“The Nuclear Regulatory Commission (NRC, for its acronym in English) received and is considering issuing an export license (XW026) requested by EnergySolutions Services Inc. (ESSI),” says the document, a copy of which is in the possession of El Sol de Mexico.
“On July 27, 2020, ESSI filed an application with the NRC to obtain a license to export low-level radioactive waste to Mexico. The NRC is providing notice of the opportunity to comment, request a hearing, and request to intervene in the ESSI request. “
EnergySolutions was called the home stadium of the NBA team, the Jazz, in Salt Lake City from 2006 to 2015. It is actually a company that tries to keep a low profile because of its core activities, which has its headquarters in Utah and operations throughout the United States, Canada, and Japan.
“It is an industry leader in the safe recycling, processing, and disposal of nuclear material. We offer a full range of Decontamination services to shut down nuclear power plants. Our clients include the United States government, all nuclear power plants in the United States, along with various medical and research facilities, ”says its official presentation, on its corporate webpage.
“EnergySolutions offers a full range of services for the decommissioning and rehabilitation of nuclear sites and facilities, the management of spent nuclear fuel, the transport of nuclear material and the environmental cleanup of legacy nuclear sites.”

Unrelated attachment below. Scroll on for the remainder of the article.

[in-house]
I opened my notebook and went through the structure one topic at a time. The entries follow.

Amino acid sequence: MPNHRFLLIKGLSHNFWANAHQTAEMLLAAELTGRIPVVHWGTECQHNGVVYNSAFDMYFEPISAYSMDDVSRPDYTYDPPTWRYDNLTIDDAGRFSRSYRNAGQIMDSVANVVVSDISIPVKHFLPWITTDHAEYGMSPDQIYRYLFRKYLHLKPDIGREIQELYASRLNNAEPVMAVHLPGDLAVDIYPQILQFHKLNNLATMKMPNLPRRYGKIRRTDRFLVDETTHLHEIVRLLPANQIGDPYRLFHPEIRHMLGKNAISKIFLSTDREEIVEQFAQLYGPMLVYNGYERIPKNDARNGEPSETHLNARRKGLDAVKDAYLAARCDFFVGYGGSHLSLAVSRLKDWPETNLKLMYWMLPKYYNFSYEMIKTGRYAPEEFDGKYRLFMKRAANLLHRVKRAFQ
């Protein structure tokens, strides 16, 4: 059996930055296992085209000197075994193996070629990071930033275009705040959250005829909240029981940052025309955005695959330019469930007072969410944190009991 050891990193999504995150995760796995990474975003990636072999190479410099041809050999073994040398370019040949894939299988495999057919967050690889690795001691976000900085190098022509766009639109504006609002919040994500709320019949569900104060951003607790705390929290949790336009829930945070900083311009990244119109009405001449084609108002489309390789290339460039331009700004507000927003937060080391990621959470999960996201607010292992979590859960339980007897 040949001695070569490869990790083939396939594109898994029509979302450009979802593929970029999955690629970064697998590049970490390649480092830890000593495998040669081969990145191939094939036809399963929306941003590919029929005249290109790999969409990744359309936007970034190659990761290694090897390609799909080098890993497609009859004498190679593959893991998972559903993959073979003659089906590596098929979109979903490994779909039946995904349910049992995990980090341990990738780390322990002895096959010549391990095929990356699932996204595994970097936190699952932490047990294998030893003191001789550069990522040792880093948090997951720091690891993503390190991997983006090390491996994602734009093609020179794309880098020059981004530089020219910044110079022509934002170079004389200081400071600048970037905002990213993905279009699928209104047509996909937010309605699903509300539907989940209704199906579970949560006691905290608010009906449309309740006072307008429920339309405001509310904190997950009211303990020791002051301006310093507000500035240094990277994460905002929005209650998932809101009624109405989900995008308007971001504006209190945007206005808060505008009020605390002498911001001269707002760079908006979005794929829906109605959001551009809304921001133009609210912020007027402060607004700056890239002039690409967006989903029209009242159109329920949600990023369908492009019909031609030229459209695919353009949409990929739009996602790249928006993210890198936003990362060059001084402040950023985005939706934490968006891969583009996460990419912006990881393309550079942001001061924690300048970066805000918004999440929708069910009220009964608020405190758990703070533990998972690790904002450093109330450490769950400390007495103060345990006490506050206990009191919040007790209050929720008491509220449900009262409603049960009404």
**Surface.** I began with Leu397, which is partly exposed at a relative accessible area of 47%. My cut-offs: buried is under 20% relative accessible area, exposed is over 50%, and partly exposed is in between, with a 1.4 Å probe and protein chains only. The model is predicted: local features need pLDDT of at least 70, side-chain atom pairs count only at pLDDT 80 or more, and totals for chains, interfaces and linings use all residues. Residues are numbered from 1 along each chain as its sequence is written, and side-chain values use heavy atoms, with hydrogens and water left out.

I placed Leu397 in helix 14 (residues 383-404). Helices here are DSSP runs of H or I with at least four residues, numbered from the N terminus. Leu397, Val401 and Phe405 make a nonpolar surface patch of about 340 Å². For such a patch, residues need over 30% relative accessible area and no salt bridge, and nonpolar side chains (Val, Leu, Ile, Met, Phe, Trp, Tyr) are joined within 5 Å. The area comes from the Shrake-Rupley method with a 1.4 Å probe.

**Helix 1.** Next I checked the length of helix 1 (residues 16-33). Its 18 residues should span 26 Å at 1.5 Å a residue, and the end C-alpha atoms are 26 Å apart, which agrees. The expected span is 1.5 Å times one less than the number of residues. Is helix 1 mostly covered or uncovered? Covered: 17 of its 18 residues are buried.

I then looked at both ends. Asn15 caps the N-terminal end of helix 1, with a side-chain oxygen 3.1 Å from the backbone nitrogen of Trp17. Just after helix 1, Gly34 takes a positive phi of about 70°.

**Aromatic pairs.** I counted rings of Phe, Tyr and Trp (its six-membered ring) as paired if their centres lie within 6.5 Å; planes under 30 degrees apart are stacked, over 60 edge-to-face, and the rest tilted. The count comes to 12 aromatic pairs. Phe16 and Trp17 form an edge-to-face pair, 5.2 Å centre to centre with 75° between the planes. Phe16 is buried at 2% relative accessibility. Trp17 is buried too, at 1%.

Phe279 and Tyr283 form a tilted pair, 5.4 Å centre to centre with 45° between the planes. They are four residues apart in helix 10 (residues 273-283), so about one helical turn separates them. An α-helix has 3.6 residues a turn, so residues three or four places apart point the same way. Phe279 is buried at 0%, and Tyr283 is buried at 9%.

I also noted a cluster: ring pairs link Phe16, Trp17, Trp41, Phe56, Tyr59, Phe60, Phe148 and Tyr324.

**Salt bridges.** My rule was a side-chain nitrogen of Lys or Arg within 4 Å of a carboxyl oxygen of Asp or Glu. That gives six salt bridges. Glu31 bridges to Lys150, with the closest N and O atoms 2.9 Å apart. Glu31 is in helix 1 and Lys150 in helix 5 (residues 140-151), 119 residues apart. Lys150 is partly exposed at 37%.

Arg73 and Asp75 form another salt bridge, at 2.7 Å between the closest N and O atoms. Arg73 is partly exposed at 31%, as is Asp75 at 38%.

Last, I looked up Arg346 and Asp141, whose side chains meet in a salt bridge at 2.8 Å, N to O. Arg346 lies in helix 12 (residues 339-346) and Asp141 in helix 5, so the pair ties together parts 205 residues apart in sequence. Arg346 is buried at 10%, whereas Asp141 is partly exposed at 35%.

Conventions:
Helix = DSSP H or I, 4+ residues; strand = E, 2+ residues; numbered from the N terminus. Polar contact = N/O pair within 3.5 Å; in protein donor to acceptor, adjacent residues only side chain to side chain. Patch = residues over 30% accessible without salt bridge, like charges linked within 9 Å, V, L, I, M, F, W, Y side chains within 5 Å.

According to statements presented to the Committee on Energy and Commerce of the United States House of Representatives, by experts in the field, more than three million packages containing radioactive materials are transported by that northern nation each year.
The items shipped are regulated and supervised by the Department of Transportation and the Nuclear Regulatory Commission of that country.
In this case, EnergySolutions is requesting a license from the US nuclear regulator to send radioactively contaminated material or waste to Mexico “in the form of metals, dry active waste or materials, such as wood, paper and plastic, and spent ion exchange resins and liquids, in the form of water-based and organic fluids ”, according to the application.
In its corporate presentation, the American company details that it has facilities in Salt Lake City, Utah, in Campbell and in San Clemente, in California. Also in Brampton, Ontario, Canada. But it does not speak of places to dispose of or treat radioactive waste in Mexican territory.
Gary Langlie, Export Licensing Officer at the US Nuclear Regulatory Commission, estimates that this permit will likely be authorized by the middle of next year.